The Walden Effect: Farming, simple living, permaculture, and invention.


Windfall oak

Oak trunkThis oak tree is both literally and figuratively a windfall.  Oaks are an extremely handy genus, but we have few of them on our property, mostly because oak trees like it high and dry and our property is low and wet.  So having a huge oak tumble down near our parking area set me to pondering what's the best use for this quality wood.

My first thought was to saw the trunk into boards.  The trouble is that it's not worth most sawyers' while to cut up a single trunk, no matter how tall and straight it is.  We could possibly do it ourself with the chainsaw log mill, but that procedure was slow as molasses, exhausting, and not very precise last time we tried it.

Mark had the permaculture suggestion of turning the oak into mushroom logs.  "Shiitake" literally means "oak mushroom," and even though the fungal species will grow on other types of trees, they like oak best.  I'm wondering if inoculating the 28-foot-long main trunk with shiitakes wouldn't result in harvests lasting a decade or longer (although we might get sick of pounding in 1,400 plugs), or we could just cut logs from the medium-sized limbs.  Another option would be to try out maitakes (aka hen of the woods) on the big root mass.

Root mass

Finally, there's always firewood.  I suspect that even cutting up the "little" limbs that aren't much use for anything else would keep us warm for a whole winter.

In the meantime, the raccoons (or maybe foxes?) have already marked the trunk as their own, and I can't help thinking the water-filled root pit will be perfect habitat for the frogs who have just started to call.  It will be intriguing to see how this disturbed area changes over the years.

The Avian Aqua Miser is a POOP-free chicken waterer, perfect for chicks, laying hens, broilers, and more.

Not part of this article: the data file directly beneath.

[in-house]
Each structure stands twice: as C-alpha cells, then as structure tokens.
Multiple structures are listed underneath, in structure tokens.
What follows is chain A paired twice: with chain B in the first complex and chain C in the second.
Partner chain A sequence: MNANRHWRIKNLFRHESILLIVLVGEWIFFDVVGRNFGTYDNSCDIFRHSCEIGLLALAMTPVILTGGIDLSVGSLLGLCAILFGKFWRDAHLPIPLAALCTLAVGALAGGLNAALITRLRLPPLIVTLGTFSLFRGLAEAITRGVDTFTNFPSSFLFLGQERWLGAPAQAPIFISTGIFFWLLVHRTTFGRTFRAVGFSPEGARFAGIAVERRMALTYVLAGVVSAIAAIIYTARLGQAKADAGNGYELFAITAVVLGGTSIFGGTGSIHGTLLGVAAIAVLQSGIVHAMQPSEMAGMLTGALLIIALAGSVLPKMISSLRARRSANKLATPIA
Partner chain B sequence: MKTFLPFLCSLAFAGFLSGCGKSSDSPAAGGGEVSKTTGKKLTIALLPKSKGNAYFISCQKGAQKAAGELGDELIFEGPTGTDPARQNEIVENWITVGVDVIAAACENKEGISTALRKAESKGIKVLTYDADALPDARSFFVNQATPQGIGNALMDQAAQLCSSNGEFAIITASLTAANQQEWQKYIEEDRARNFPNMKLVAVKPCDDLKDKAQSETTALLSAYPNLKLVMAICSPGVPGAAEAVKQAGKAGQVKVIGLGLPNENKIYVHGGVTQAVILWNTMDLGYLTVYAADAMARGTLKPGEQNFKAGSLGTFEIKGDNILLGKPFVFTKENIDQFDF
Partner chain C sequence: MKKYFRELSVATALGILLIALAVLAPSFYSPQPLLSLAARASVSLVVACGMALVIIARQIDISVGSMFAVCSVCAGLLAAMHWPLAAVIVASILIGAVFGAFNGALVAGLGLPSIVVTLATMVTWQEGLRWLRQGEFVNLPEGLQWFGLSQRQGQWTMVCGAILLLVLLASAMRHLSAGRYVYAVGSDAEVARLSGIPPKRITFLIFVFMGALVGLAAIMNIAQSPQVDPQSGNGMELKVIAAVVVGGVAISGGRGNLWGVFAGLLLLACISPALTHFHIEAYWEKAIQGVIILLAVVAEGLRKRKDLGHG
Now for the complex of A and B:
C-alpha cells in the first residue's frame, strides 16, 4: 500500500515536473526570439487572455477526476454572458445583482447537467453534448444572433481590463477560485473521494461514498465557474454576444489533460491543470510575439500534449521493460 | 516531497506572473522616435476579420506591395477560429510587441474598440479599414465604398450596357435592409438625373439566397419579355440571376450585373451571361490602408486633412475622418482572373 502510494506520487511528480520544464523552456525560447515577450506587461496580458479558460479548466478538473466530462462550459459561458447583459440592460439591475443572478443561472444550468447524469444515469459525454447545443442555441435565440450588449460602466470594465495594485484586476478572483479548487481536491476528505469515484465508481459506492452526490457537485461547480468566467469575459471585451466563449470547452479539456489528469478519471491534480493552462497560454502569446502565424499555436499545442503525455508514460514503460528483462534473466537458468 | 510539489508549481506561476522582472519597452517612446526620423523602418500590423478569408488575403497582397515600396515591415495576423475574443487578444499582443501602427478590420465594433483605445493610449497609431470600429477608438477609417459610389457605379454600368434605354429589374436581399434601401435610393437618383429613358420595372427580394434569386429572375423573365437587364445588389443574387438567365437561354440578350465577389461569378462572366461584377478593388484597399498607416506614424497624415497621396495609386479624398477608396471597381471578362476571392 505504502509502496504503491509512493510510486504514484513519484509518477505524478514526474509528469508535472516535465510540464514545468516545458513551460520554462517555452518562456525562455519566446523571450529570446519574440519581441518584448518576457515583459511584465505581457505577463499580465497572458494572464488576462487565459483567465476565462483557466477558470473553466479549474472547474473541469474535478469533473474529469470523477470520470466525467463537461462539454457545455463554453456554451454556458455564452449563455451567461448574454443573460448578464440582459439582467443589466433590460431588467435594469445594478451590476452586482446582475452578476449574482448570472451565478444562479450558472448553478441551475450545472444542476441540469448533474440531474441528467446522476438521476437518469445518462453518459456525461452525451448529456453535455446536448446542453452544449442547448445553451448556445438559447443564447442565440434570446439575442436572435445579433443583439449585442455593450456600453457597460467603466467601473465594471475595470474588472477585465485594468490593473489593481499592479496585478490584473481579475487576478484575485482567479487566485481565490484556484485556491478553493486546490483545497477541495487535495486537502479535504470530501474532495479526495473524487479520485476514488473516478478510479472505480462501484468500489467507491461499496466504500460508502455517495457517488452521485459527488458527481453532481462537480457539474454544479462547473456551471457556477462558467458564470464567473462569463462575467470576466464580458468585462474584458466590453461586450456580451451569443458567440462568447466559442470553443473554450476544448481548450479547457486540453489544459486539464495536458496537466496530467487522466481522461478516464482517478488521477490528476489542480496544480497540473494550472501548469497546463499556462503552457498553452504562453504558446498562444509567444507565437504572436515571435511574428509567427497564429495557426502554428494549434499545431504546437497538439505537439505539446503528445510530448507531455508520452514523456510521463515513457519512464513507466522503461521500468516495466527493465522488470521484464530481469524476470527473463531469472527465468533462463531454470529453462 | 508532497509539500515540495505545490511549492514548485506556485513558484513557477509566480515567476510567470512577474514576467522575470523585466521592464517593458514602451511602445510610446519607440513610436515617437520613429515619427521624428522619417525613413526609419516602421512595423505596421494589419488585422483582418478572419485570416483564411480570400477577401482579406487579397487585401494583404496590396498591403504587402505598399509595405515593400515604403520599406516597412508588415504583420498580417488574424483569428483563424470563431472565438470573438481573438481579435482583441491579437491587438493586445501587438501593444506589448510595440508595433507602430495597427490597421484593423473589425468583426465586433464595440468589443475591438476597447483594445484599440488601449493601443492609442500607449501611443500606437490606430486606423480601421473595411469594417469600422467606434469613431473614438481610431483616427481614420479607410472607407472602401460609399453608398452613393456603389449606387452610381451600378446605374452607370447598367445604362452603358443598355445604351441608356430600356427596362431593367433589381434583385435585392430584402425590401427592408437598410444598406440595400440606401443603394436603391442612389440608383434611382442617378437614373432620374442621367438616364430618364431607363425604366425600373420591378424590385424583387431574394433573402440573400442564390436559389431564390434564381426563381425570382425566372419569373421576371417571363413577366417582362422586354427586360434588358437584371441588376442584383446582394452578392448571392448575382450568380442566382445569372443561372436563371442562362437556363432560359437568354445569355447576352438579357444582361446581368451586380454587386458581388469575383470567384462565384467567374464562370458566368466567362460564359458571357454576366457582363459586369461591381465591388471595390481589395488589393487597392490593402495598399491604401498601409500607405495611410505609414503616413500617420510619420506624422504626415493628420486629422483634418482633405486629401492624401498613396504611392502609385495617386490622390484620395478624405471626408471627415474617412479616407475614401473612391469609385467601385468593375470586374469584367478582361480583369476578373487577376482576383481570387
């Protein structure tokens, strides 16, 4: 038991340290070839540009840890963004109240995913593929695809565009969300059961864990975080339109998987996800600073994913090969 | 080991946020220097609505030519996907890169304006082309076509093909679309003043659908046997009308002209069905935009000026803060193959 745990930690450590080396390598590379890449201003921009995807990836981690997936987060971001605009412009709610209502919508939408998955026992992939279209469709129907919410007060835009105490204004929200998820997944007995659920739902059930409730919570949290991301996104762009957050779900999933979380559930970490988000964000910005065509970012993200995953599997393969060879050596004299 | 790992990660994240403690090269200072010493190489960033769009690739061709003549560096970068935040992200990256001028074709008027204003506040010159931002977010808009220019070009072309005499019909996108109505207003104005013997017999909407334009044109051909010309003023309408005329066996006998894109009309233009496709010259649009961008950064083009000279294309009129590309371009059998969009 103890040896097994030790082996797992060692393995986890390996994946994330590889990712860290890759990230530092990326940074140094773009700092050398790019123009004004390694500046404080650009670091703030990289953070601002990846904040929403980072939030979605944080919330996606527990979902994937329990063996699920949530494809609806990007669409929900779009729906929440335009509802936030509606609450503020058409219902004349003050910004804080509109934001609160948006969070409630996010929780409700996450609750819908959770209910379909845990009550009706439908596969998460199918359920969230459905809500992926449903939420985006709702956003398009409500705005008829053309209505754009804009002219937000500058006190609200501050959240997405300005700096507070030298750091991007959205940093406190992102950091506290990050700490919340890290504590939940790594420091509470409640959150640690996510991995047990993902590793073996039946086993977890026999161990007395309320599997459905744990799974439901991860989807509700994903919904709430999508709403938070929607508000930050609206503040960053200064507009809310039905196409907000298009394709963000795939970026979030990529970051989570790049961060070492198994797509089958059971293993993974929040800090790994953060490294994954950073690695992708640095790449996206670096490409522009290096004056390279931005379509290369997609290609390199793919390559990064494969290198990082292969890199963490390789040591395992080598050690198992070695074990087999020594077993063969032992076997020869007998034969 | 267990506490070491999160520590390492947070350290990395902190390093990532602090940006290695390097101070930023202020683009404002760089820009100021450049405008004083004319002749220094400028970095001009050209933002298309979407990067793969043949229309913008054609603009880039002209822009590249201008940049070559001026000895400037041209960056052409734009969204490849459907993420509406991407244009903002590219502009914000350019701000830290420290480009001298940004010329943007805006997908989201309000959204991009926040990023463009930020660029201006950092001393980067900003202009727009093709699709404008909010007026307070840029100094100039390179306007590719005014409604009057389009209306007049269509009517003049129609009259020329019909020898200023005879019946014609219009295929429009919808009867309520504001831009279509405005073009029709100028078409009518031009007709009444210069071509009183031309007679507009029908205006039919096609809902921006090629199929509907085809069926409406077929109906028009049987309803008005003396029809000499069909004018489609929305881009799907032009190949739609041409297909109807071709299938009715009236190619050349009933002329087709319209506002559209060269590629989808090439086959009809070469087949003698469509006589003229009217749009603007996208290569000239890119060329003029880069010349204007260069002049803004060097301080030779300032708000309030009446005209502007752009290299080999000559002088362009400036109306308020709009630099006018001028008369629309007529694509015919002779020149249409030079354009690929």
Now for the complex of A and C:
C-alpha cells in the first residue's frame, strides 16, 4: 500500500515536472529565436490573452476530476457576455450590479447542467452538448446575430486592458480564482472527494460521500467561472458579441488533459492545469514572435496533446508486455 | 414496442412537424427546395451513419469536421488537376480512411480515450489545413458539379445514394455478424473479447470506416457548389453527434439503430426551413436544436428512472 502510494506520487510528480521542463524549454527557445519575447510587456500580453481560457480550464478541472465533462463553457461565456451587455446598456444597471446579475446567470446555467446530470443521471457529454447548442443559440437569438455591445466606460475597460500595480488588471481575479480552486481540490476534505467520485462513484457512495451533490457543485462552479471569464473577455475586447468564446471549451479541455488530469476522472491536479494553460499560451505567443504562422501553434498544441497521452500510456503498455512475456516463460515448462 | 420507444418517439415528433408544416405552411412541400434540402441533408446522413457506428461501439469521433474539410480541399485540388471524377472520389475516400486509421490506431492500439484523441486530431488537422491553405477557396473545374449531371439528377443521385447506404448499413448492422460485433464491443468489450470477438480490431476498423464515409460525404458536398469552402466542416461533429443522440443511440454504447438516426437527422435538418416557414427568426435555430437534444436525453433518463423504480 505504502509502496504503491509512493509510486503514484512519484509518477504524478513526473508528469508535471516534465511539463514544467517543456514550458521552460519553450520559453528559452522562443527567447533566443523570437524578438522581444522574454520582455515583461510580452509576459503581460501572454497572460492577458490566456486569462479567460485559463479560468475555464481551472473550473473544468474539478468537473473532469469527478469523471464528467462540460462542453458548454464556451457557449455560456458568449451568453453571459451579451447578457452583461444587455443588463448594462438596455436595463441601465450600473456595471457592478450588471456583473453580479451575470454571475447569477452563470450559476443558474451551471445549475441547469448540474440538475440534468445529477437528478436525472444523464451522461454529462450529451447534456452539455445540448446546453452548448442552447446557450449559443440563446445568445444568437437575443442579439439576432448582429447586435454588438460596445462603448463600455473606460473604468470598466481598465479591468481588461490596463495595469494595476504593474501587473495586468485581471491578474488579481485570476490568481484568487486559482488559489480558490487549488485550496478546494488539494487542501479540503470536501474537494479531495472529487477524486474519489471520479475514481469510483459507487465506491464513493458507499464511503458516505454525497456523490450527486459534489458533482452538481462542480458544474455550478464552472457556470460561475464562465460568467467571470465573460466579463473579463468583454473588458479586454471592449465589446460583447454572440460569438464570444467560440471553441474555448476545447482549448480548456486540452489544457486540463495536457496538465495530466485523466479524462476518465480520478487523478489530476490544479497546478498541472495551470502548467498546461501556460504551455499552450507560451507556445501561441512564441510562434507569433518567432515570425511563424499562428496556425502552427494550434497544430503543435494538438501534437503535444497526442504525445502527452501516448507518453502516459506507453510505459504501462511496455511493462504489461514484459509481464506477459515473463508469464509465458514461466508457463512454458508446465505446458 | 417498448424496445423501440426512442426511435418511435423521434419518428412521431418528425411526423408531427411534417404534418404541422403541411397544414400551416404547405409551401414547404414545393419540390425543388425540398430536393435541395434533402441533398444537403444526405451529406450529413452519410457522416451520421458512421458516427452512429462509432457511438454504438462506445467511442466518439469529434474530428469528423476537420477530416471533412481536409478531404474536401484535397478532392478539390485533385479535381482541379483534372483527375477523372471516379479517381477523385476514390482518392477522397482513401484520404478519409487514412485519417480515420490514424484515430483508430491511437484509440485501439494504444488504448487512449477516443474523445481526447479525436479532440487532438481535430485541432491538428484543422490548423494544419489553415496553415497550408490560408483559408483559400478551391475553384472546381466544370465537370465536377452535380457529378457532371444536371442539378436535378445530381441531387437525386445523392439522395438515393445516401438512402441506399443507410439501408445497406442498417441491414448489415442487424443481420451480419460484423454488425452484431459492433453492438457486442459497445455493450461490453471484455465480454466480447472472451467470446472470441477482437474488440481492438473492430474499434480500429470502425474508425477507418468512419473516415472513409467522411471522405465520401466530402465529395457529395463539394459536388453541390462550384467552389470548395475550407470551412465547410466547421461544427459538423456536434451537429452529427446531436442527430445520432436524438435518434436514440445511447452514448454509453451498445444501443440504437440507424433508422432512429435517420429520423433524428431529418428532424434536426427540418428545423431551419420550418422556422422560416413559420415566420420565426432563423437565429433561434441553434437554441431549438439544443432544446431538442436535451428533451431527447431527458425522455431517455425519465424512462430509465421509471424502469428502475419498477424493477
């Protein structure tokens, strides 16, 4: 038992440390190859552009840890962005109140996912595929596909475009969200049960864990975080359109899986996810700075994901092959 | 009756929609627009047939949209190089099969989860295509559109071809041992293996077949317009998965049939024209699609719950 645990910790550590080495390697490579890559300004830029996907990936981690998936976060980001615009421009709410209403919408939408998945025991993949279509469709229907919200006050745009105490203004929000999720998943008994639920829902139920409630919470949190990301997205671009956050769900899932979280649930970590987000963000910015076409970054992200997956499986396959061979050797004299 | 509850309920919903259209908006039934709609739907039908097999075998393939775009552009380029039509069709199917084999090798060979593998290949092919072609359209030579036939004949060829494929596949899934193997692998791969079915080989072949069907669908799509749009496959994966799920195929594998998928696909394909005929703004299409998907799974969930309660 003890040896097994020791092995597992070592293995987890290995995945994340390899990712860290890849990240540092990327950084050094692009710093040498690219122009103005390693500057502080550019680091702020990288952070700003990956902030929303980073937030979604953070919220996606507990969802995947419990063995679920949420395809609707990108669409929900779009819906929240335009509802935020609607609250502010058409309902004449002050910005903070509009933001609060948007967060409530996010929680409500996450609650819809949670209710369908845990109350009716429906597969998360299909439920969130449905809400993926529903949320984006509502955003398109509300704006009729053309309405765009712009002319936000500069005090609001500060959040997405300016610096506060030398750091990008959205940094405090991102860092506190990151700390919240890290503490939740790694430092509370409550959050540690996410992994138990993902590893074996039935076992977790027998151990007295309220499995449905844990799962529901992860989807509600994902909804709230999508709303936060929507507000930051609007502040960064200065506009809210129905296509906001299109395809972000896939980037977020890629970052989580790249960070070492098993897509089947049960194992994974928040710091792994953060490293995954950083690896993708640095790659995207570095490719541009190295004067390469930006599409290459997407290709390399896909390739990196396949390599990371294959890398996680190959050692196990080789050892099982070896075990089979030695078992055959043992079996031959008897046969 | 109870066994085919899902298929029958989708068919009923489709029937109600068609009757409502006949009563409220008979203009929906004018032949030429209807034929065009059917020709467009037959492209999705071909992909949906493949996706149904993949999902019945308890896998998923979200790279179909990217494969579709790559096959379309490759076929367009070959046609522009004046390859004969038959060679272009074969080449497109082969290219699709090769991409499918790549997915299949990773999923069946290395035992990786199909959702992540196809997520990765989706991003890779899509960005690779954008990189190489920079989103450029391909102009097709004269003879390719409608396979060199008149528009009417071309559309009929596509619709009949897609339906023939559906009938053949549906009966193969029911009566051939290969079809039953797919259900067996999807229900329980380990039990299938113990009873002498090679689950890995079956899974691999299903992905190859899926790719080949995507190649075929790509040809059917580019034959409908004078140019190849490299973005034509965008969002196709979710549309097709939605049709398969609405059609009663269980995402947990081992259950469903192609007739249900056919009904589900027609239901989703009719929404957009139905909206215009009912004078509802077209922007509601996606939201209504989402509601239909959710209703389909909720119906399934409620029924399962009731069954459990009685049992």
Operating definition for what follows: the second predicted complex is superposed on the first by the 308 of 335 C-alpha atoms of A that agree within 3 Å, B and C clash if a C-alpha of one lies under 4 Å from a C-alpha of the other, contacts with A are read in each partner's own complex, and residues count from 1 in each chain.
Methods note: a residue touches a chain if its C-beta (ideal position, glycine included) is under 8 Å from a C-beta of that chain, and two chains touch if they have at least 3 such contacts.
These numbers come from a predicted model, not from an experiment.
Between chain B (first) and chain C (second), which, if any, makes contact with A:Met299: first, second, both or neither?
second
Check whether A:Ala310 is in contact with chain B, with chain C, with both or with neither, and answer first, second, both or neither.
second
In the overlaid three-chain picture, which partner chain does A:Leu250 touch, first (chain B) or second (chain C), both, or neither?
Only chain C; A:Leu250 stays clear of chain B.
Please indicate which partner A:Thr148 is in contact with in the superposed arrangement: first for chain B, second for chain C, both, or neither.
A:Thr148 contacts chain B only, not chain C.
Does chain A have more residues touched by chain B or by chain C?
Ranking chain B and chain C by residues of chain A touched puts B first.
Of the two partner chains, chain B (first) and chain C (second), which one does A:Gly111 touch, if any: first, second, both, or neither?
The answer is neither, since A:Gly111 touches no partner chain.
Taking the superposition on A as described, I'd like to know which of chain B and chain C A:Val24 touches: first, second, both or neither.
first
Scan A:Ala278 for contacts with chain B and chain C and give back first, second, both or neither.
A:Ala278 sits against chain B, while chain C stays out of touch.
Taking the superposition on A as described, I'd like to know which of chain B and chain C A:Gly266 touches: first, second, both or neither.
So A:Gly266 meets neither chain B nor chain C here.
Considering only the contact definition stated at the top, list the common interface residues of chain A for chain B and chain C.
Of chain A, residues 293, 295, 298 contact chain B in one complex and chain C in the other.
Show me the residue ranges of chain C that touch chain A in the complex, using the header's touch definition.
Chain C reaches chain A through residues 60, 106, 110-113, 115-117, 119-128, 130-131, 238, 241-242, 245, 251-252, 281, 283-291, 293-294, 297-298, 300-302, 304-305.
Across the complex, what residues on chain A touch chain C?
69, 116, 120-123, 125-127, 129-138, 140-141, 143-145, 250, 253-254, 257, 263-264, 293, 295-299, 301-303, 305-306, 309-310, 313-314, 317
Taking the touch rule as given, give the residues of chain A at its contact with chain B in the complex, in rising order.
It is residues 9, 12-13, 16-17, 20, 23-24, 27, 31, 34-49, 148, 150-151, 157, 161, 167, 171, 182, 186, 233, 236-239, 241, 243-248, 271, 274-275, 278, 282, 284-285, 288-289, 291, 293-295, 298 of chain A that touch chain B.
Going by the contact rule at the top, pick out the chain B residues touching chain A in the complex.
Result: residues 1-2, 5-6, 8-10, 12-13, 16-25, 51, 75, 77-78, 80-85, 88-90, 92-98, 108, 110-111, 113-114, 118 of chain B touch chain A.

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About us: Anna Hess and Mark Hamilton spent over a decade living self-sufficiently in the mountains of Virginia before moving north to start over from scratch in the foothills of Ohio. They've experimented with permaculture, no-till gardening, trailersteading, home-based microbusinesses and much more, writing about their adventures in both blogs and books.

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Using a chainsaw would be a waste, I think. You'd loose a lot of the wood as sawdust.

A less wasteful method would be to use a small bandsaw set driven by your generator and set-up as a sawmill. See this example. Note that he's only using a 1 hp motor. Your generator has ample capacity for that.

But an even better way that uses almost no tools is riving; splitting the wood with hammers and wedges. See here but especially here for a more thorough article. The planks will not be as straight as sawn planks, but they will be very strong because the wood is split between the fibers. It is a technique well-suited for oak. All leftovers are firewood or mulch. Riving is usually done with green wood, and works better in the cold. Viking ships were built from rived planks.

Comment by Roland_Smith Mon Feb 25 15:14:46 2013

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